I’m ashamed of how us libs have often treated afterlife discussion as if it is beneath us. But it is a genuine concern of real human beings. Therefore, it is important.

    Thanks for bringing your gifts and graces to the Church. I hope my post does not come across as being confrontational. That’s not how I roll.

  2. With Brian, I don’t want to trample or confront. I also must note that I’m not a D disciple. I got to your excellent summary (though, again with Brian, I leave afterlife to God) through another Presbyterian friend. And I write to offer you and your community my own summary of this same understanding as expressed in a children’s sermon that can be heard free as a podcast at
    This was an early entry in what has now become a more (lectionary) orderly series attempting to listen to the witness of scripture with that ear of a child. Links to all of the sermons are posted week by week on the Facebook group The Church@Play.

  3. Brian and Barbara,

    Thank you two for your comments. My beliefs about the afterlife have been shaped by N.T. Wright’s “Surprised By Hope.” I believe Heaven is not final destination, but more like a resting place for God’s people until the Resurrection comes. Then we receive new eternal physical bodies, and heaven and earth are joined together. As far as the “serious consequences,” that I’m still learning. Apparently the original Greek word for Hell is Gehenna, which was an actual place outside Jerusalem. From what I understand, it was like a garbage heap, so perhaps Jesus wasn’t talking about a literal lake of fire after all.

    I added the afterlife disclaimers mostly to keep the heresy hunters at bay.

    • Travis – I respect that. The heresy hunters can be dangerous. I recall some very respected veteran pastors who taught us if questioned about things like the virgin birth to lie. They said, don’t get fired over something stupid! (I won’t say who they were.)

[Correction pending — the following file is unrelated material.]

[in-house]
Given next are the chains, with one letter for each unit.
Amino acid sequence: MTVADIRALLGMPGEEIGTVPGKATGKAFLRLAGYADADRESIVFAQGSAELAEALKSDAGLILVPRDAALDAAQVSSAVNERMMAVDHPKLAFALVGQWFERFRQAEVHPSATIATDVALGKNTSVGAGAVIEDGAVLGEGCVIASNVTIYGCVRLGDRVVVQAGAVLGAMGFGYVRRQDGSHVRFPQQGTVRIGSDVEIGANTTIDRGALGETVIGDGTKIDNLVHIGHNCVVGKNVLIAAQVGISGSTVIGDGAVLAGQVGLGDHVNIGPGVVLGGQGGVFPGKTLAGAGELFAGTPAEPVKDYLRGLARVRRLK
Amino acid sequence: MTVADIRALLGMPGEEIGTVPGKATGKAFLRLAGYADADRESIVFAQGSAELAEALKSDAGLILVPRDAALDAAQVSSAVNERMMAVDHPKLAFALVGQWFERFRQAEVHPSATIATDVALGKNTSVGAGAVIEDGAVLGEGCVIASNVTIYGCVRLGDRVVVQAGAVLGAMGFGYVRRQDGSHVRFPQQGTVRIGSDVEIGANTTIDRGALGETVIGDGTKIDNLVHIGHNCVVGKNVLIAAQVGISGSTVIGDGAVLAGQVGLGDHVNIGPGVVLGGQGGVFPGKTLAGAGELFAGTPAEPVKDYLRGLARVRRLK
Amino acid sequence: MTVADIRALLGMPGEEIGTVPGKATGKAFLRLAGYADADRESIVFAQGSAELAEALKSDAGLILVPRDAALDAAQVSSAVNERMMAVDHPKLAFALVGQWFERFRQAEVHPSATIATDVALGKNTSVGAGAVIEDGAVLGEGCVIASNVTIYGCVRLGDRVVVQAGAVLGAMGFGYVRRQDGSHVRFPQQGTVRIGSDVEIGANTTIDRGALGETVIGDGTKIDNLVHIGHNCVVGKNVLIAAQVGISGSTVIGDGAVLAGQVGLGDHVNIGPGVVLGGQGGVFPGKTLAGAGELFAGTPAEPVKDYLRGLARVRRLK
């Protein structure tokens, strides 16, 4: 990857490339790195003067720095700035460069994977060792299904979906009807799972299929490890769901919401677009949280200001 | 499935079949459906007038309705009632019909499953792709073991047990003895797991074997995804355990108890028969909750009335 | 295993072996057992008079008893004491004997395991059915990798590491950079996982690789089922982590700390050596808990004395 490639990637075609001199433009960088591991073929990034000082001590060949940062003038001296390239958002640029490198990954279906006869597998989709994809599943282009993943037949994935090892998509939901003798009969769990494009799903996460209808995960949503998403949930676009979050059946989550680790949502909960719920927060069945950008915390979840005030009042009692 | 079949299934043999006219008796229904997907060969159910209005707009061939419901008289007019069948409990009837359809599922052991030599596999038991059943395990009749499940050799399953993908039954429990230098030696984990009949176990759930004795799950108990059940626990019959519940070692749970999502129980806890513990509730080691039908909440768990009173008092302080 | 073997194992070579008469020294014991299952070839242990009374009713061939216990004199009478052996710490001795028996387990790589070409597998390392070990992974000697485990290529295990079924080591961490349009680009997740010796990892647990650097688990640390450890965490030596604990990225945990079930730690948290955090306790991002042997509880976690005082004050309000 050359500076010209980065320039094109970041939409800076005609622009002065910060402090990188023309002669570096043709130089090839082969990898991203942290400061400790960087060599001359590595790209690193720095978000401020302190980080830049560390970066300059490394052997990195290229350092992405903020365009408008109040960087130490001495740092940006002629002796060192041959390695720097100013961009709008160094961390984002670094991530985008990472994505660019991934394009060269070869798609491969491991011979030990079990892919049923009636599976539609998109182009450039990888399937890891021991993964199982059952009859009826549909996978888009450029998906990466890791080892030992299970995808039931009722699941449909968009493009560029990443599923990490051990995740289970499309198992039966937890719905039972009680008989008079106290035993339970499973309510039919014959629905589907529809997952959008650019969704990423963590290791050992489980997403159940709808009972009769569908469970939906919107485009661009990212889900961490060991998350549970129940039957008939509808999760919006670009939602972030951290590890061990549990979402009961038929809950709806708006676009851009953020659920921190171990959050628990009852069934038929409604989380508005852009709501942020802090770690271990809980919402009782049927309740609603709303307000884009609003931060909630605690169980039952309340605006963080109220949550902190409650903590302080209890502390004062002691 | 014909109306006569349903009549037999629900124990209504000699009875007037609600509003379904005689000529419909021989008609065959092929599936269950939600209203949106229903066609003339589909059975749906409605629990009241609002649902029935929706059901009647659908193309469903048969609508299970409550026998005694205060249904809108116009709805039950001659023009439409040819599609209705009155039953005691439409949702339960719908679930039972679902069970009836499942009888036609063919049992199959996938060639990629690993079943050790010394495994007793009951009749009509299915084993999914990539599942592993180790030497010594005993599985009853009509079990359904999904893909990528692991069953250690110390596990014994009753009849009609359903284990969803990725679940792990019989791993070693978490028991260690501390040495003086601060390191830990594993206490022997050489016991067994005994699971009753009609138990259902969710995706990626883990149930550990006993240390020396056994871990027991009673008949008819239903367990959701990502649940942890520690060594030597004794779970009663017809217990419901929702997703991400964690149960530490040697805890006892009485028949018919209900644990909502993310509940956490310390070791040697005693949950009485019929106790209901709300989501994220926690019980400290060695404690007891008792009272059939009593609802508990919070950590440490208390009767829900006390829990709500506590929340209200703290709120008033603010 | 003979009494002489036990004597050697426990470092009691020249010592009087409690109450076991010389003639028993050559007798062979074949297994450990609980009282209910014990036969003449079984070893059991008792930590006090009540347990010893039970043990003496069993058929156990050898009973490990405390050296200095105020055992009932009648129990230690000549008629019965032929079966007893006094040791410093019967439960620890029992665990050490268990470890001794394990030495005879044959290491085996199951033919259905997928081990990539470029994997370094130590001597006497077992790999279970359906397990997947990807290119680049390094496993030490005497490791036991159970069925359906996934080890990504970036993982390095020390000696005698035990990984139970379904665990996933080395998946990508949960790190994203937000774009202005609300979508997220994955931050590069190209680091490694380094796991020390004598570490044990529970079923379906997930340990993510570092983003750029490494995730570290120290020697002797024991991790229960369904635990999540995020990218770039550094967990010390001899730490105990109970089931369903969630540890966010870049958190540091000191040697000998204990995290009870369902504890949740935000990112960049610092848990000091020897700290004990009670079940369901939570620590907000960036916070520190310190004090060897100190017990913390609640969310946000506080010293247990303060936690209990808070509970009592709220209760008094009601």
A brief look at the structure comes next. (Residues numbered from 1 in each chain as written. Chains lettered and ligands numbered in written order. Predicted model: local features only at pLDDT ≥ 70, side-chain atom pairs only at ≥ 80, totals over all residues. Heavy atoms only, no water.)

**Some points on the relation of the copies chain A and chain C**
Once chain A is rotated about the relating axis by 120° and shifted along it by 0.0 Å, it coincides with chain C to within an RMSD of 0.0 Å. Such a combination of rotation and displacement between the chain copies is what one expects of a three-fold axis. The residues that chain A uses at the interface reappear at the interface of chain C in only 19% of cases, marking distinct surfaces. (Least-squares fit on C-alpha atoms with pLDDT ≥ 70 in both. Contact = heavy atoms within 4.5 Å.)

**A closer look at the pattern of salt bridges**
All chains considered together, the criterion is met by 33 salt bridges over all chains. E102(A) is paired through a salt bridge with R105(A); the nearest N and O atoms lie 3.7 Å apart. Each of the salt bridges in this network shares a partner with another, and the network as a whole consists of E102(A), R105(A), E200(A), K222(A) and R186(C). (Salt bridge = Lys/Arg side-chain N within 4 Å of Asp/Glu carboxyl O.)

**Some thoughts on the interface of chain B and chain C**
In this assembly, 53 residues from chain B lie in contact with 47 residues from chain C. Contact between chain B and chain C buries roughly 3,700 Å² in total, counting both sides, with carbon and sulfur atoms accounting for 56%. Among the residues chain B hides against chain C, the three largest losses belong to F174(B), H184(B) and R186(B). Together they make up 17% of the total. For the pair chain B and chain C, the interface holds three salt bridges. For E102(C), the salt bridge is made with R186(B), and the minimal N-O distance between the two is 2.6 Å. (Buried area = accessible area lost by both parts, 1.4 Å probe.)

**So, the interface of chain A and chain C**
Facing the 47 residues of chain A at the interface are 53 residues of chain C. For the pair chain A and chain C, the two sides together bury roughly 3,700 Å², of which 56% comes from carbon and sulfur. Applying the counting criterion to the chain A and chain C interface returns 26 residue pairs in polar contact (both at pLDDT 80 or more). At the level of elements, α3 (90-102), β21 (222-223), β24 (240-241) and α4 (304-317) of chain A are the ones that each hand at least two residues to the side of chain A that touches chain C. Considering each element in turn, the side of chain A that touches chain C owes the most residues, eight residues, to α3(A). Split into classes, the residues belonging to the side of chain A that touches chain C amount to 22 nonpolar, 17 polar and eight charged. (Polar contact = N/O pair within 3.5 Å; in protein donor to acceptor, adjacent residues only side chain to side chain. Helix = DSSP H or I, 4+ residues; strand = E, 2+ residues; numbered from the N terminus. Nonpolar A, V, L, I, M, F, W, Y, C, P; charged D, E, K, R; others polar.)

Fortunately, as a chaplain I have much more freedom to speak. Also, I have no spouse or kids to protect. In other words, I have less to lose than do most of my colleagues.

      Also, Doug’s points about Gehenna are on target. I’m sorry to highjack the thread about a sub-point. Your reflection is a good one that may touch somebody wrestling with these very issues. (We never know who reads our words and the power they may hold.)

  4. Gehenna was more than a garbage heap. The bodies of those too poor to afford a burial were tossed on the heap. Every once in a while, the heap would catch on fire through spontaneous combustion. As the corpses burned they would writhe in grotesque movements and assume convoluted positions – it would be a terrifying and grusome sight even today.

    That is the source of the “burn in hell” imagery.

  5. As Disciples, we have one test of fellowship, which is the Lordship of Christ. Heresy hunters come and go, but we refuse to impose any other test. My church includes hell believers and hell deniers, vigin-birthers and Matthew deniers… On every controversial topic, we have people on both sides. That we continue to thrive is a testament to the power of Christ.